Any authors would be pleased by an array of laudatory and thoughtful comments on their work, especially by a group of critics as distinguished and diverse as this. We are grateful for the care and attention our commentators have taken with American Grace, especially given that they are outside of our own discipline of political science. In writing this book, our hope was to speak beyond disciplinary boundaries. It is thus particularly gratifying to read John Torpey describe American Grace as “public sociology.” This is precisely what we hoped to achieve. We believe that more social science should be directed toward informing our public discourse, and that rigor versus relevance is a false choice.
The subtitle of Bellah’s book, From the Paleolithic to the Axial Age, indicates that it is about religions between the Paleolithic and the axial ages. Bellah explicitly states that this is “not a book about modernity,” and that he plans to write another, smaller book on modernity. However, I want to suggest that in a very important sense this book is about modernity as well. This is because Bellah believes that there are necessary links “between past and present,” and that “nothing is ever lost.”
Future histories may report that the public discourse on religion was dominated by reductive naturalism until Robert Bellah’s Religion in Human Evolution appeared in 2011. One of the most distinctive features of Bellah’s book is his extensive use of the latest developments in the natural sciences, such as biology, cognitive science, evolutionary psychology, and developmental and child psychology. One of his purposes is, as he puts it, “to show how deeply we are shaped by a very long biological history.” This might give the wrong impression that Bellah’s approach is similar to the New Naturalist approach. However, Bellah’s is better characterized as a non-reductive humanistic naturalism, which is a synthesis of the humanistic (interpretative, social, and historical) understanding of religion and the naturalist approach.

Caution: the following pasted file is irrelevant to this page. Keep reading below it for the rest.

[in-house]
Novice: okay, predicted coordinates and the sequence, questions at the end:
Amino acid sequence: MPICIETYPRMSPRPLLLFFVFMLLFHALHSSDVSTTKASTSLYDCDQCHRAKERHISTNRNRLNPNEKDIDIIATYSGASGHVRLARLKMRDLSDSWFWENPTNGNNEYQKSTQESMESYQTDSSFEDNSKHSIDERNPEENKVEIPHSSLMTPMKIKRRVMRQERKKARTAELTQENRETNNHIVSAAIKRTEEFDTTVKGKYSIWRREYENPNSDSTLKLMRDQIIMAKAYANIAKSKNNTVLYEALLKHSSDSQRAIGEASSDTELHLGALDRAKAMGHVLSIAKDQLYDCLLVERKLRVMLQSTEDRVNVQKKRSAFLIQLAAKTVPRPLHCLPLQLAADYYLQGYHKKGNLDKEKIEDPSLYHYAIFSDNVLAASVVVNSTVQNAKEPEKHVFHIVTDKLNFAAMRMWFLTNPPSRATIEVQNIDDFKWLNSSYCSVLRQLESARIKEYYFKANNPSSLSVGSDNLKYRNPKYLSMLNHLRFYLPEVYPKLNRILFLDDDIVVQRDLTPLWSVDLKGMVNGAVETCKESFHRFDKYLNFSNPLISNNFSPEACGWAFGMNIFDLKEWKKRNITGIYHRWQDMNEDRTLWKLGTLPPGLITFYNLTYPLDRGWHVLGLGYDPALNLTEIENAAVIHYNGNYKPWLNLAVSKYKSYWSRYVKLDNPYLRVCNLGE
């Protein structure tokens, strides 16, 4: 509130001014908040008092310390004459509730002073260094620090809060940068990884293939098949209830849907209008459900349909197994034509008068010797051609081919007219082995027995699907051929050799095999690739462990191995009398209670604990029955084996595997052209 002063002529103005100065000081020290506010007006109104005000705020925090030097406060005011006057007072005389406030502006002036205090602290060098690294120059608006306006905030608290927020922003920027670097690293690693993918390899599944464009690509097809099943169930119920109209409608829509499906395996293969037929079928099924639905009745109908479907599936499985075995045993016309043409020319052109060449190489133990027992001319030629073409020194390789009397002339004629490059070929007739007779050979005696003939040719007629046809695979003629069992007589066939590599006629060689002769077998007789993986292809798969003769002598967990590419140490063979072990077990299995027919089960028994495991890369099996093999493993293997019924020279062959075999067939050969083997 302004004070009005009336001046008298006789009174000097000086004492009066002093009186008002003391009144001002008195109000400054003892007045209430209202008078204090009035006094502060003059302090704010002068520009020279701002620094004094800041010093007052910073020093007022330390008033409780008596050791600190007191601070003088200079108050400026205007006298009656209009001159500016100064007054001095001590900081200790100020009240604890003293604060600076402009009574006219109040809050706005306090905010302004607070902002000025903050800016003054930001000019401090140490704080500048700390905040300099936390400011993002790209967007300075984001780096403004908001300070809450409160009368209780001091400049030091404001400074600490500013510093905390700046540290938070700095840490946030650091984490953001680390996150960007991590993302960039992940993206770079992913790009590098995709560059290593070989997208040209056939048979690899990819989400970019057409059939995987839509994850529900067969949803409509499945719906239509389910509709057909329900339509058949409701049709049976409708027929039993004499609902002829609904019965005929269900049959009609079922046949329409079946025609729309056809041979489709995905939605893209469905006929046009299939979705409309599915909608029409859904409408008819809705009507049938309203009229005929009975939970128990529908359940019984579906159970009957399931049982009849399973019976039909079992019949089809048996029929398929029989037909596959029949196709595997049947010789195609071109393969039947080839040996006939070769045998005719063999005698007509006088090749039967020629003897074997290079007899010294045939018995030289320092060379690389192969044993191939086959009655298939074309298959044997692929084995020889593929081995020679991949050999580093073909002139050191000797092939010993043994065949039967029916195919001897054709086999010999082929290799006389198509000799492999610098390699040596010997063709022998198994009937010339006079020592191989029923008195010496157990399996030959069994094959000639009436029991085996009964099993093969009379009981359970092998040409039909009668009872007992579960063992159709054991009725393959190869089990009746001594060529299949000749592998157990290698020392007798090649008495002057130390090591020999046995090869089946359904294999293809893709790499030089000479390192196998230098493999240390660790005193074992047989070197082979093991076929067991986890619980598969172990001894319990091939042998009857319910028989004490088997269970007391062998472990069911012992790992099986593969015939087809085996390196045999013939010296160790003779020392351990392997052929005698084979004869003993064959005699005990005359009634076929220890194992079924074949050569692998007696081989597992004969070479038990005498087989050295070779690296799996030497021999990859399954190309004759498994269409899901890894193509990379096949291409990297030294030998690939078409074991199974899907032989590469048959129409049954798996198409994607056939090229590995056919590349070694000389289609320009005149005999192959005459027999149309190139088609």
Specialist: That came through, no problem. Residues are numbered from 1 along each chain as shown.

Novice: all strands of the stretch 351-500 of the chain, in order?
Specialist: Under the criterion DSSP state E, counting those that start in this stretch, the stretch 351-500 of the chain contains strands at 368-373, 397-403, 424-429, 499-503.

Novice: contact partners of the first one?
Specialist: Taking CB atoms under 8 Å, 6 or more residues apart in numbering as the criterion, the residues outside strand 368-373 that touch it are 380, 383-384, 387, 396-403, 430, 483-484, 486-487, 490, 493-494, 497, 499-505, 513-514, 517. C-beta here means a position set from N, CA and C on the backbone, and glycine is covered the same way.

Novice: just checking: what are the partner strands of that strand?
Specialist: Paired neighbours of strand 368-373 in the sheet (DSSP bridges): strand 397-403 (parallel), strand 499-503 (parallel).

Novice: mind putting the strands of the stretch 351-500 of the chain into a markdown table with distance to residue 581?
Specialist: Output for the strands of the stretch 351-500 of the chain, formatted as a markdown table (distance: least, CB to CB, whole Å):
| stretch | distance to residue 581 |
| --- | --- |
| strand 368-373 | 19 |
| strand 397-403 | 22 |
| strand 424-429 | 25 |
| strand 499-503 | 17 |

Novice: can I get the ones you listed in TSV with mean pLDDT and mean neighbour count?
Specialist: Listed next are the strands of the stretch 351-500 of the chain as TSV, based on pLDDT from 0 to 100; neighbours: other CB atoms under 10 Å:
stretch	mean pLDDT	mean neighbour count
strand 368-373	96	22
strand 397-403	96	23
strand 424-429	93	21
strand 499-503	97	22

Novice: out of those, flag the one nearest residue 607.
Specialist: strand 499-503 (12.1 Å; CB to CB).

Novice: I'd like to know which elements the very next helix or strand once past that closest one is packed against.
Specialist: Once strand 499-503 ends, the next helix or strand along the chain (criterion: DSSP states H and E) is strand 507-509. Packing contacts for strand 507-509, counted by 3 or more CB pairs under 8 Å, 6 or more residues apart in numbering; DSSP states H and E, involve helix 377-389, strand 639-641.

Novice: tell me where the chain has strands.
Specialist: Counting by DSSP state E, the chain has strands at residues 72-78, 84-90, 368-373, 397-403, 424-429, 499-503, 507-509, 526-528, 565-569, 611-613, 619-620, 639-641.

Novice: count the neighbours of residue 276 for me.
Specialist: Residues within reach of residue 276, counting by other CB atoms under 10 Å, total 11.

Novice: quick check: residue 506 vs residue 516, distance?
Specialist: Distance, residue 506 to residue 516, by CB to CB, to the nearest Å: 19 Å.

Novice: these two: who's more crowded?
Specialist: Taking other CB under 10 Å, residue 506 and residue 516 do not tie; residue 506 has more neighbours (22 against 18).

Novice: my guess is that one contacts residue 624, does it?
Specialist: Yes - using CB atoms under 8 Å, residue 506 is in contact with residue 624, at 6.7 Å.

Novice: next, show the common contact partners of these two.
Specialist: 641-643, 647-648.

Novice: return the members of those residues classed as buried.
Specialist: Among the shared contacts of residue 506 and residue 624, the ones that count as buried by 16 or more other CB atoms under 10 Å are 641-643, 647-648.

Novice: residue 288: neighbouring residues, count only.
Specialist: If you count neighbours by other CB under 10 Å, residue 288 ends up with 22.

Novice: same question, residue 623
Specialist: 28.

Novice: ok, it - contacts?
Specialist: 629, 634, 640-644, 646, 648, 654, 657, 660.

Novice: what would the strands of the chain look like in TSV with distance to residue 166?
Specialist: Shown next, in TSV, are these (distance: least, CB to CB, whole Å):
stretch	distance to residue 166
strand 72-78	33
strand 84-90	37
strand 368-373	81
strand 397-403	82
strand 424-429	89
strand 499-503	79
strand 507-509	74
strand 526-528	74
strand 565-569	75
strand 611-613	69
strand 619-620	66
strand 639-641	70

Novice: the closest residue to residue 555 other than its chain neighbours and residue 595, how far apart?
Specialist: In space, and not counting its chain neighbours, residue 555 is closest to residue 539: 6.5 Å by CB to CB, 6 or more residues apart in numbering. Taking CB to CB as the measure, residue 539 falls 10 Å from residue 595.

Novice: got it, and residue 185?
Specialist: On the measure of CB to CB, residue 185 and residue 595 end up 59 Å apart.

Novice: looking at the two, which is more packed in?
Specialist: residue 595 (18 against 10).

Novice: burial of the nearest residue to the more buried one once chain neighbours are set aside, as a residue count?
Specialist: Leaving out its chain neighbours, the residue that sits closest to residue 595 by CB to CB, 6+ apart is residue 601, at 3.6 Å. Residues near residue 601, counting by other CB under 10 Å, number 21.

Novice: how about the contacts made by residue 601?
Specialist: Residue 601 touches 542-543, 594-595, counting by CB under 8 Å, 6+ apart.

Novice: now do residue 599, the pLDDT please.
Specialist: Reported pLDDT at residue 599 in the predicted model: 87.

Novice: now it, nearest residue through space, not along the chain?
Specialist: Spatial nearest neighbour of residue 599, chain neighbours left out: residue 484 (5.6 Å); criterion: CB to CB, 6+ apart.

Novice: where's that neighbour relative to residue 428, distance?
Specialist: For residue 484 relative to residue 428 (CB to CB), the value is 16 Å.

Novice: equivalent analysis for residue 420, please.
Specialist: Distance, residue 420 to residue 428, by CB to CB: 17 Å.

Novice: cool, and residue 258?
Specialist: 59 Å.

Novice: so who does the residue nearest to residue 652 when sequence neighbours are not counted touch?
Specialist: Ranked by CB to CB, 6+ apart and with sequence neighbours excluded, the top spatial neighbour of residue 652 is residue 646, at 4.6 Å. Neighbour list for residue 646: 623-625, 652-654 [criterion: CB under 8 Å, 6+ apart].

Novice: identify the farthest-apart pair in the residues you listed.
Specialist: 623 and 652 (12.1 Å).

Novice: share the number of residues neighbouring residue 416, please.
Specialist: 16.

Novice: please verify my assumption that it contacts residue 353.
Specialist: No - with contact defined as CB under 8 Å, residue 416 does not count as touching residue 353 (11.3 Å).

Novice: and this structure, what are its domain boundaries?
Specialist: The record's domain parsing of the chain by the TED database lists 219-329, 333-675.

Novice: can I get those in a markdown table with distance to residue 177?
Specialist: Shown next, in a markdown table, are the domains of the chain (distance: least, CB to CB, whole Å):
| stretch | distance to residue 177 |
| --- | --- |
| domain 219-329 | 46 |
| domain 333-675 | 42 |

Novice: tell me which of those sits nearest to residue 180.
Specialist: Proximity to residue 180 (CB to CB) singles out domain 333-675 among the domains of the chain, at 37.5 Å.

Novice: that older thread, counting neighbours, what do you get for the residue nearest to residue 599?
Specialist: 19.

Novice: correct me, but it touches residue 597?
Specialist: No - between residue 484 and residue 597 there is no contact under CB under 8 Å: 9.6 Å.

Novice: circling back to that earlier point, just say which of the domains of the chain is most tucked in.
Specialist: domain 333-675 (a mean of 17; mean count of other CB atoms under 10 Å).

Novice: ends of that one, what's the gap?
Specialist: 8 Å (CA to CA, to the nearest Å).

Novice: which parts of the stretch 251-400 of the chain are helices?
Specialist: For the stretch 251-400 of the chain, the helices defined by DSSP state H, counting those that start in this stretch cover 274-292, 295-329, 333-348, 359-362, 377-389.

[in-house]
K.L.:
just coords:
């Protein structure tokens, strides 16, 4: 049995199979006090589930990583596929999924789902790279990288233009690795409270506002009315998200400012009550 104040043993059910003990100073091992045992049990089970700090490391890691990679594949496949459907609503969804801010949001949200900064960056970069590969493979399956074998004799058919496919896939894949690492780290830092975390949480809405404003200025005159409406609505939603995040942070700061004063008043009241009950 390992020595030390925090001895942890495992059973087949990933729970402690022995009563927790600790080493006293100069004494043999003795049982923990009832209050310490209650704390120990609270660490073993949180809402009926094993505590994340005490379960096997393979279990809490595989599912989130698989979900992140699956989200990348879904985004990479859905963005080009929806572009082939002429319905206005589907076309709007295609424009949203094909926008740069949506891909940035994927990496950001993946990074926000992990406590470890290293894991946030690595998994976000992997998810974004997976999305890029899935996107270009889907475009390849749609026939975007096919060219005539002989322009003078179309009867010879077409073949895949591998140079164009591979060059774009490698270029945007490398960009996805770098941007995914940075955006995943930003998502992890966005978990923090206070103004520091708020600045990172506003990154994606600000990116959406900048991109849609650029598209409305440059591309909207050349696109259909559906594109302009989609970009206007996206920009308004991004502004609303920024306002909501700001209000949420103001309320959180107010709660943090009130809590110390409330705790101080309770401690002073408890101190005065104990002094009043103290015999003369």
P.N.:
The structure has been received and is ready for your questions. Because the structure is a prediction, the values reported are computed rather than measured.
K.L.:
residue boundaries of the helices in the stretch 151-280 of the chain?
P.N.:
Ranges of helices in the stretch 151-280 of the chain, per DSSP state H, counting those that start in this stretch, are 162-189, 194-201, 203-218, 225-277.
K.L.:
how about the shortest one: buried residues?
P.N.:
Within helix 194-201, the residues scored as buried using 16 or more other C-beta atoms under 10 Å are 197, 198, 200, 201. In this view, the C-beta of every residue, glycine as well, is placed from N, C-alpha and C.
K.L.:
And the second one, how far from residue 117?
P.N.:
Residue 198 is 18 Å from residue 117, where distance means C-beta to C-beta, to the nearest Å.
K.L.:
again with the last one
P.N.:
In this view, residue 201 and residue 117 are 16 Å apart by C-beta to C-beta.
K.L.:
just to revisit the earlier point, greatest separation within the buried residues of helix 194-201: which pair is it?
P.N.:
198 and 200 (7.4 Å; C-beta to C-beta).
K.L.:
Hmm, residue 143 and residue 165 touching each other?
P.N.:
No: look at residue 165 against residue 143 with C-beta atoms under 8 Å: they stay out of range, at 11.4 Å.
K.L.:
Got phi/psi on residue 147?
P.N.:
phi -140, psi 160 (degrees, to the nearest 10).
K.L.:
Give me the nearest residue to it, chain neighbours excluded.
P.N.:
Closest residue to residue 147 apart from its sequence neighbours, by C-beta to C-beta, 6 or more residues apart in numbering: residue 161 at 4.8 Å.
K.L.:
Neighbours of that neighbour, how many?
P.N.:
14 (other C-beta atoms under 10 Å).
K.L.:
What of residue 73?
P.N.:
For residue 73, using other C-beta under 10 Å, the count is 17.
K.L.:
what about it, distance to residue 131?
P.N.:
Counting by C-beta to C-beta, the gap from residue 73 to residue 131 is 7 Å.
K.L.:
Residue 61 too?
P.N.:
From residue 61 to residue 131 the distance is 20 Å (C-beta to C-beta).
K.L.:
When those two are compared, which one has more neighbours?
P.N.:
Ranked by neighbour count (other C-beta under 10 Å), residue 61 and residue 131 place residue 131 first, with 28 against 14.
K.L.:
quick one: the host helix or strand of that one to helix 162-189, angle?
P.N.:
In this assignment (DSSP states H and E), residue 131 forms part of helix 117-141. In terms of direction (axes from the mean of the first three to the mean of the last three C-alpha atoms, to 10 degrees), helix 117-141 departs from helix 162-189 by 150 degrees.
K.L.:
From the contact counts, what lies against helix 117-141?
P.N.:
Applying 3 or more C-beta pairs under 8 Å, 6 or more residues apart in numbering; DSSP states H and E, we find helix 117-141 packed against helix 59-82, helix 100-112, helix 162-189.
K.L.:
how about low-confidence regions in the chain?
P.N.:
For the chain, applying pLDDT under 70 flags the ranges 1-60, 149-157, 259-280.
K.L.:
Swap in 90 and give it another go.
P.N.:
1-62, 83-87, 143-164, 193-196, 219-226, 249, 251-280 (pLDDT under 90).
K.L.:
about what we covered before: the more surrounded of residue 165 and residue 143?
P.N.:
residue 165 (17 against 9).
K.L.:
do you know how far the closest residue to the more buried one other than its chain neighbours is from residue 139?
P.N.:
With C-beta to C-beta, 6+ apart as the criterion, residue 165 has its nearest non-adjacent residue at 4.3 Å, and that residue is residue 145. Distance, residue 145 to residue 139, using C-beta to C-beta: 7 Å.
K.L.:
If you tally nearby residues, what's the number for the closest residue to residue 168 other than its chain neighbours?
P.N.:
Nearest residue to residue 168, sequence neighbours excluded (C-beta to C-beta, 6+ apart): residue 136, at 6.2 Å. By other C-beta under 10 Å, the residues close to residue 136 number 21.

It is a pleasure and an honor to engage a book that is truly large in ways beyond its sheer size. It is large in scope, ranging across geological, biological, cultural, and historical phenomena spanning both time and place. It is large in significance, asking how one of humanity’s central yet elusive traits—what might be termed its religious gene—fits within and perhaps contributes to one of science’s dominant theoretical frameworks, evolution. It is also large-minded in its appreciation for the distinct yet interrelated ways in which humans express meaning. Professor Bellah’s instinct, I think, is to be inclusive rather than exclusive, to see how diverse modes meld one into another, and to provide nuanced appreciation more than sharp-edged distinctions.
Human beings live in virtual worlds that define what they value, what they aspire to, and what they are able to imagine. Those virtual worlds are typically shared with fellow members of a given culture, and each culture is a collective projection of the human imagination, instantiated in a way of life. Robert Bellah has written a book whose objective is to understand how those virtual worlds—in other words, those cultures—came into being, and what role religion played in this process.
Religion in Human Evolution is an immensely ambitious book on a topic only a scholar of Robert Bellah’s stature could dare to tackle. It attempts no less than to explain human biological as well as cultural evolution in one sweep, beginning with early hominids and ending with the “axial age.” Bellah engages evolutionary biology as well as cognitive psychology for the framing of his argument. This is a courageous move of transcending conventional disciplinary boundaries, for which he should be applauded. At the same time, it draws Bellah into positions he might actually not always be comfortable with.